Historians and the History of Economic Thought: An Analysis of Three Biographies of Keynes

By Kates, Steven | History of Economics Review, Summer 2010 | Go to article overview

Historians and the History of Economic Thought: An Analysis of Three Biographies of Keynes


Kates, Steven, History of Economics Review


Robert Skidelsky. Keynes: The Return of the Master. London: Allen Lane. 2009. Pp. 240. ISBN: 9780141930633. 9.99 [pounds sterling].

Peter Clarke. Keynes: The Twentieth Century's Most Influential Economist. London: Bloomsbury. 2009. Pp. 224. ISBN: 9781408803851. 16.99 [pounds sterling].

David Felix. Keynes: A Critical Life. Westport, Connecticut: Greenwood Press. 1999. Pp. 312. ISBN 0313288275. US$131.95.

Abstract: The history of economic thought is the branch of economics which makes its area of study the historical development of economic theory. HET has many purposes, ranging from pure curiosity through to its use as an analytical tool to think through the inadequacies of existing mainstream thought as a prelude and guide to the future development of economic theory. Most studies in HET are undertaken by economists, but there are a number of areas, with the study of Keynes and the Keynesian Revolution being amongst the most prominent, where professional historians have made their own contributions. This paper looks at three recent biographies of Keynes to examine whether useful additional insight and analytical technique are brought to the study of economics itself when historians undertake studies in HET. A review of three biographies of Keynes is embedded within this analysis, although this is incidental to the main point of the paper.

1 Introduction

Studies in the history of economic thought are almost invariably undertaken by economists. Although there is some controversy over where HET belongs and what its role happens to be, a major reason for the study of the history of economics is as an input into the future direction of economic theory and policy. This is what economists do and HET is part of that process.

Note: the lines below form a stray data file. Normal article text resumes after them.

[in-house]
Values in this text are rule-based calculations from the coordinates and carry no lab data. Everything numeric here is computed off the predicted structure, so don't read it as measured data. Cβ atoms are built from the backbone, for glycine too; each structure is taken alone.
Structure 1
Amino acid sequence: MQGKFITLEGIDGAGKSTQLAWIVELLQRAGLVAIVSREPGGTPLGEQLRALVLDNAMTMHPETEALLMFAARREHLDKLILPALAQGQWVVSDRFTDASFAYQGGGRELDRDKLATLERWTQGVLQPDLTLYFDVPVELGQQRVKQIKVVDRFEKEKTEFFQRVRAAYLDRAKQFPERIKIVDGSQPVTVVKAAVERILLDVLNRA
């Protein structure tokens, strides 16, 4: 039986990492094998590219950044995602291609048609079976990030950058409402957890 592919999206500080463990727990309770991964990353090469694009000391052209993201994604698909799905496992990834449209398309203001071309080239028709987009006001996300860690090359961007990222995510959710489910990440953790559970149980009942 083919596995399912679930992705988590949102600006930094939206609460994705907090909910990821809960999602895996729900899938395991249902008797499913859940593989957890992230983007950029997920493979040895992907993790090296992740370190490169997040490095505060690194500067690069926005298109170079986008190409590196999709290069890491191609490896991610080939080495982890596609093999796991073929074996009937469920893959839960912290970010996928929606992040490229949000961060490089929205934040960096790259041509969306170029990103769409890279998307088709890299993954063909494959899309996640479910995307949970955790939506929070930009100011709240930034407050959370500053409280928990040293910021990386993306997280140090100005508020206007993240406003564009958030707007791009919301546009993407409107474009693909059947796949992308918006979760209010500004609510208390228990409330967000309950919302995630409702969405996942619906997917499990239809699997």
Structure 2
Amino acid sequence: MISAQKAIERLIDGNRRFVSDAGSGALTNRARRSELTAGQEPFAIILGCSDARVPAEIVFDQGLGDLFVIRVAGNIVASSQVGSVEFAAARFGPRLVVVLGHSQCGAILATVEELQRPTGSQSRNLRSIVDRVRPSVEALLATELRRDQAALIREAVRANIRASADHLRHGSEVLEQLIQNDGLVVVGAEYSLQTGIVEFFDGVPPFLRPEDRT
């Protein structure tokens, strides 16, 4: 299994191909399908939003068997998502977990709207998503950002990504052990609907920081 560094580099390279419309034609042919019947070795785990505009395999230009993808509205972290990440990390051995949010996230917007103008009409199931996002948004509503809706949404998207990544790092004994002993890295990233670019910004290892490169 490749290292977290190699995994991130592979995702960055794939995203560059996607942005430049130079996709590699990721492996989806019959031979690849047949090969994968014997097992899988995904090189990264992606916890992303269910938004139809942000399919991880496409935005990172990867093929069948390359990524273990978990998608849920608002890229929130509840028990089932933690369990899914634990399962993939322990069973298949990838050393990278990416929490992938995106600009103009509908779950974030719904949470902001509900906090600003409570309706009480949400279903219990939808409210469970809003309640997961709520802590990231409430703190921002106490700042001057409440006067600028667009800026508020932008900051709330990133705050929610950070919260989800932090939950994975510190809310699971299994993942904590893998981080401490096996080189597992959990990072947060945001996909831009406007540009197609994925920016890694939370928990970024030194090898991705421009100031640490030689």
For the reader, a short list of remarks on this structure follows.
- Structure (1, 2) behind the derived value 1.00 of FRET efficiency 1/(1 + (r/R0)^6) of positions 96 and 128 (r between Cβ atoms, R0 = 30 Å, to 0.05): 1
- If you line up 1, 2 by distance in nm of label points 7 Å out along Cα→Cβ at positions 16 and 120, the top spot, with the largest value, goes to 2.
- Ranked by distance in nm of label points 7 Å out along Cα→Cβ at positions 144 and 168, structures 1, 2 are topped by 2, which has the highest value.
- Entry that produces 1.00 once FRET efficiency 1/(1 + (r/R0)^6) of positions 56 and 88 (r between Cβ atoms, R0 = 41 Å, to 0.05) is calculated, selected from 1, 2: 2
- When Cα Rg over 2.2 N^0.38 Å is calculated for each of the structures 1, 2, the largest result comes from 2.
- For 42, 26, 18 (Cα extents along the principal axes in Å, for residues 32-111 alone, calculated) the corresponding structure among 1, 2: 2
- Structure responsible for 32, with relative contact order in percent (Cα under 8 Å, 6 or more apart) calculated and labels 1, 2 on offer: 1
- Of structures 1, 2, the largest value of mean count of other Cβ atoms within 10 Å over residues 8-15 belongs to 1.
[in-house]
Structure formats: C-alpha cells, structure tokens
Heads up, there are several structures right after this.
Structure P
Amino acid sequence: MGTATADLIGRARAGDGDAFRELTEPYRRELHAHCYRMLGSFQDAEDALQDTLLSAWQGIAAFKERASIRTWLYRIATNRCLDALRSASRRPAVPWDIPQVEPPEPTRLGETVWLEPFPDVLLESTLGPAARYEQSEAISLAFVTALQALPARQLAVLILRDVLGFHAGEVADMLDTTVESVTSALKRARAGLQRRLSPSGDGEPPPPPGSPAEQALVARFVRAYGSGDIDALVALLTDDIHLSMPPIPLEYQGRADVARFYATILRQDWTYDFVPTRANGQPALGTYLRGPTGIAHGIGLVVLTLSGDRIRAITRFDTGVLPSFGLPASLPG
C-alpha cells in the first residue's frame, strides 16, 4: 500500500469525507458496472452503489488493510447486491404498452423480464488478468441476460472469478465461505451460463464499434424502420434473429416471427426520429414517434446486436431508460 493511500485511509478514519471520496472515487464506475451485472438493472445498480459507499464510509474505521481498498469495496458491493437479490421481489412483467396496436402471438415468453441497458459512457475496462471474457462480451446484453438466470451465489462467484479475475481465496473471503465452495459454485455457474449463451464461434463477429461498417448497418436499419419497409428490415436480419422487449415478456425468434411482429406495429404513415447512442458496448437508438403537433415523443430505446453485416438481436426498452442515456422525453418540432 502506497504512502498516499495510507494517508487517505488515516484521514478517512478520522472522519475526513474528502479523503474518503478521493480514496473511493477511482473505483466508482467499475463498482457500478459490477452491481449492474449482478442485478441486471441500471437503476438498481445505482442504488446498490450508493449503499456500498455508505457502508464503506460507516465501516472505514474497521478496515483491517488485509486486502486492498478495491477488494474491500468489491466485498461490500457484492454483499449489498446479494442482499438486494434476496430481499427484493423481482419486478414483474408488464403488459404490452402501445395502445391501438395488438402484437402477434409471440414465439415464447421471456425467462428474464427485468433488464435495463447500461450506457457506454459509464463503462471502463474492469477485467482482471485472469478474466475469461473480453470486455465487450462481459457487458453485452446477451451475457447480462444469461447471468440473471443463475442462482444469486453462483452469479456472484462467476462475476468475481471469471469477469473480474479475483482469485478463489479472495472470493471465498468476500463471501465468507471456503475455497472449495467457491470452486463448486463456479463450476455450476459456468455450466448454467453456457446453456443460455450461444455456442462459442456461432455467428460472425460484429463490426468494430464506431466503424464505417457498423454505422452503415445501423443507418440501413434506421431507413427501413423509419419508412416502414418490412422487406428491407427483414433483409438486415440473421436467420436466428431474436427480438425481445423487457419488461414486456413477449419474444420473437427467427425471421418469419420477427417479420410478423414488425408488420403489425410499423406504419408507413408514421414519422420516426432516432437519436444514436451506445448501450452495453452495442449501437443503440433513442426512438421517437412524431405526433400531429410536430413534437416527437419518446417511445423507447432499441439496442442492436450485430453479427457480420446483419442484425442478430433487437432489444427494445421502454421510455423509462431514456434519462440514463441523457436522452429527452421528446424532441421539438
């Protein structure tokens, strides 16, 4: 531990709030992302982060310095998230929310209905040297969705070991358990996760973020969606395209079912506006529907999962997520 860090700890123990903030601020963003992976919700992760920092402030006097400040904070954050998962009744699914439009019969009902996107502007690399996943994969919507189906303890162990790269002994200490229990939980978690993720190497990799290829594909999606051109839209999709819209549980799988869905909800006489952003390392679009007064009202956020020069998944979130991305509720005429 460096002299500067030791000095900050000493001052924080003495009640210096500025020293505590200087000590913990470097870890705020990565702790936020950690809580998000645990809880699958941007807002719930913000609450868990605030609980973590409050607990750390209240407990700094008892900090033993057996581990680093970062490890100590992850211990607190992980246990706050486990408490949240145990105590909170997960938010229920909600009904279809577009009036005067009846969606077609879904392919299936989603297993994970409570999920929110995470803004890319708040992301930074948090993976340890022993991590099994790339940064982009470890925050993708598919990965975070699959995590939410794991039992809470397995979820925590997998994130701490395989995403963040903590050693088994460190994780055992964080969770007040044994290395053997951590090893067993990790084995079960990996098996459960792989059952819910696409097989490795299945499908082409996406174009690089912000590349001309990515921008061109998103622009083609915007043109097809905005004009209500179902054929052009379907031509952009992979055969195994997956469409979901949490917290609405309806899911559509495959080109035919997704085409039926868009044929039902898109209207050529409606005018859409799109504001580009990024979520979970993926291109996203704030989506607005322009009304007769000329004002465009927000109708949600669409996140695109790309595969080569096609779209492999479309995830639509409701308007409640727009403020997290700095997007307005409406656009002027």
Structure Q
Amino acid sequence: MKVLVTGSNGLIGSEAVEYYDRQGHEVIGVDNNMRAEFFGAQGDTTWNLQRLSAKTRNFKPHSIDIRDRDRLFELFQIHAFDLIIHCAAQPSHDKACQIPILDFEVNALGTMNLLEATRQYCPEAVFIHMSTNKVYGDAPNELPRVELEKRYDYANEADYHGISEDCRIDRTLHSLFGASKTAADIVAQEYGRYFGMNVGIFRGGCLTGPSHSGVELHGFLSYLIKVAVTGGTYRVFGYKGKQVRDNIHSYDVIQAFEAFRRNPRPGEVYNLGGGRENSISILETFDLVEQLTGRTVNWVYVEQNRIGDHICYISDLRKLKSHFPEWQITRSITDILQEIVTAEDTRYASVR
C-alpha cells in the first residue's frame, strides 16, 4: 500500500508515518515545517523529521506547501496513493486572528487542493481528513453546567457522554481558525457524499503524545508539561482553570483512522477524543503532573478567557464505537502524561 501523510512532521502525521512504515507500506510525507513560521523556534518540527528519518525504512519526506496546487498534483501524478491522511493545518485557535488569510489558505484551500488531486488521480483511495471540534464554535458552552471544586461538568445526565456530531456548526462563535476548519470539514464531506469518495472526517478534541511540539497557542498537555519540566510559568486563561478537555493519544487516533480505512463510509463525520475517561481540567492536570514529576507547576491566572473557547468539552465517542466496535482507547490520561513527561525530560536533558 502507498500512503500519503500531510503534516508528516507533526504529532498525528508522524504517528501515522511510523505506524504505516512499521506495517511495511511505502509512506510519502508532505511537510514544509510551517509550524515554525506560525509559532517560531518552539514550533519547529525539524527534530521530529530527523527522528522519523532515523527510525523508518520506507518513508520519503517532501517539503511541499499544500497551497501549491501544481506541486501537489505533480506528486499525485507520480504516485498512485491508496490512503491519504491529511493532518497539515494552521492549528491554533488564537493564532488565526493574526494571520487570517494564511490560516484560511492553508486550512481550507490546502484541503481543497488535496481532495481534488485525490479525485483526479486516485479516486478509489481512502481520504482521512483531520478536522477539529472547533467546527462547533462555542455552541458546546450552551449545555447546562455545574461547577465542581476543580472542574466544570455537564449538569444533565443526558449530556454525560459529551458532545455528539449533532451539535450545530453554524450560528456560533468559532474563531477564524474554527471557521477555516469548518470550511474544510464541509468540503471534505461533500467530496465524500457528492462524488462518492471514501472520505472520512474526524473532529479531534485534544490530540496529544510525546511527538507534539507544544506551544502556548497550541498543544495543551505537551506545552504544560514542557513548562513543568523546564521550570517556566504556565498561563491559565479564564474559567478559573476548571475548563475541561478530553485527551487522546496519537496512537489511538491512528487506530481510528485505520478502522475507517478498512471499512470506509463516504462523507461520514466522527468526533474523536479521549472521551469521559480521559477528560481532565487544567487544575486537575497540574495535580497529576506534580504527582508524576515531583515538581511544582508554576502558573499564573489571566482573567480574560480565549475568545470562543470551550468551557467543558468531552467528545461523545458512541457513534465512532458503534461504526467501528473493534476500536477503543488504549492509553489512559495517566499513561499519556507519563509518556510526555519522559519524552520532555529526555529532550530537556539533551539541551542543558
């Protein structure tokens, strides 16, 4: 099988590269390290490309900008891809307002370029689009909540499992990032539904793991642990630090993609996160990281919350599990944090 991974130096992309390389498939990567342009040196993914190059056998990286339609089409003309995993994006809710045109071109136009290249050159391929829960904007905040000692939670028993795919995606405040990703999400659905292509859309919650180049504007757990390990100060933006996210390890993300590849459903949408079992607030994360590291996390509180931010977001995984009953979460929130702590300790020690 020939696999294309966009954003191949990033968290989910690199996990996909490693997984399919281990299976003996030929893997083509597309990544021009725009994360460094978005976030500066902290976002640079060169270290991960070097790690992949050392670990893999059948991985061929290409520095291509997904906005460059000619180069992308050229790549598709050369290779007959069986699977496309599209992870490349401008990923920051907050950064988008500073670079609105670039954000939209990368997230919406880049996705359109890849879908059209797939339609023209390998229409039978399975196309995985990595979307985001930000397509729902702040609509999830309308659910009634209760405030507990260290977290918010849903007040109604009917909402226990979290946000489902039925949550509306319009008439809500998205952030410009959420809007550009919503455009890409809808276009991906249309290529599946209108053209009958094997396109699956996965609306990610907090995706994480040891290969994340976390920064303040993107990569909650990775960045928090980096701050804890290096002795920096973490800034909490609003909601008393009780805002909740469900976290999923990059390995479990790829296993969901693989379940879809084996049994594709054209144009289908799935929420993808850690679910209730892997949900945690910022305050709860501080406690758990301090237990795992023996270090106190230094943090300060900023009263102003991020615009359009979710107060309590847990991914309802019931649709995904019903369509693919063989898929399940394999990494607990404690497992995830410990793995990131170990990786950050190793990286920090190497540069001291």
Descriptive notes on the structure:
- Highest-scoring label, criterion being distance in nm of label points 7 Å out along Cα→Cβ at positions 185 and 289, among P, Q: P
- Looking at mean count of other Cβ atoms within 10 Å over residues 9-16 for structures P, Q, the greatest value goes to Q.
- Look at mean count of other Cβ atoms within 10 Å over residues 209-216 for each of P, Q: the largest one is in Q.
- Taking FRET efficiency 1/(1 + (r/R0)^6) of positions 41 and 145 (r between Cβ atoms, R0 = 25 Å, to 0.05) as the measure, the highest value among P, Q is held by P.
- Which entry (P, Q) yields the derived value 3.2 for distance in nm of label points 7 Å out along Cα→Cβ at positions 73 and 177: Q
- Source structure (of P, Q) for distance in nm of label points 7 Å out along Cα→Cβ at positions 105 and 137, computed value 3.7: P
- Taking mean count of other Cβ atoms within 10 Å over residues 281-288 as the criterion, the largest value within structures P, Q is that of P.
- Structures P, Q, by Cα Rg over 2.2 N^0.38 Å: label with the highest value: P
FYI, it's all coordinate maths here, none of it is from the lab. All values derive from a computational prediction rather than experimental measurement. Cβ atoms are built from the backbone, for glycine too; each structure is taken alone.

There is, however, one aspect of HET that attracts the interest of professional historians. It is in examinations of Keynes, and not just his biography but also his economics and policy prescriptions, that there have been a number of historians who have not only looked at the genealogy between The Treatise on Money and The General Theory, but have also seen fit to pass judgement on the content of the Keynesian Revolution itself. The question therefore is whether historians when doing work in HET bring anything to the study of economic theory and policy that economists do not. And the answer, which is discussed below, is that no, historians in undertaking HET do not bring additional knowledge, skills or tools to the study of economics not possessed by economists who make the history of their subject their field of study.

In reaching this conclusion I wish to be clear about what I do and do not mean. What I am specifically focusing on is whether historians add anything to our understanding of economic theory. I would not deny that historians add an enormous range of insight and detail to our appreciation of the surrounding historical circumstances in which theories were developed. Historiographical techniques and methodologies can assist in uncovering evidence of influence and relationships.

But on the question of whether historians are able to shed light on economic theory, and help us to understand the economic issues involved, it is the contention of this paper that historians bring nothing to the table that has not already been brought by economists. Historians do not deepen our knowledge of economic questions nor do they add to our understanding of economic theory. Indeed, the flow of causation is in the opposite direction, where historians base their own understanding on the prevailing economic theories they find themselves discussing.

There are three books by historians discussed. The first is Robert Skidelsky's Keynes: The Return of the Master, the second Peter Clarke's Keynes: The Twentieth Century's Most Influential Economist, and the third, David Felix's Keynes: A Critical Life. The first two were published in 2009 to capitalise on the renewed interest in Keynesian economics following the Global Financial Crisis. …

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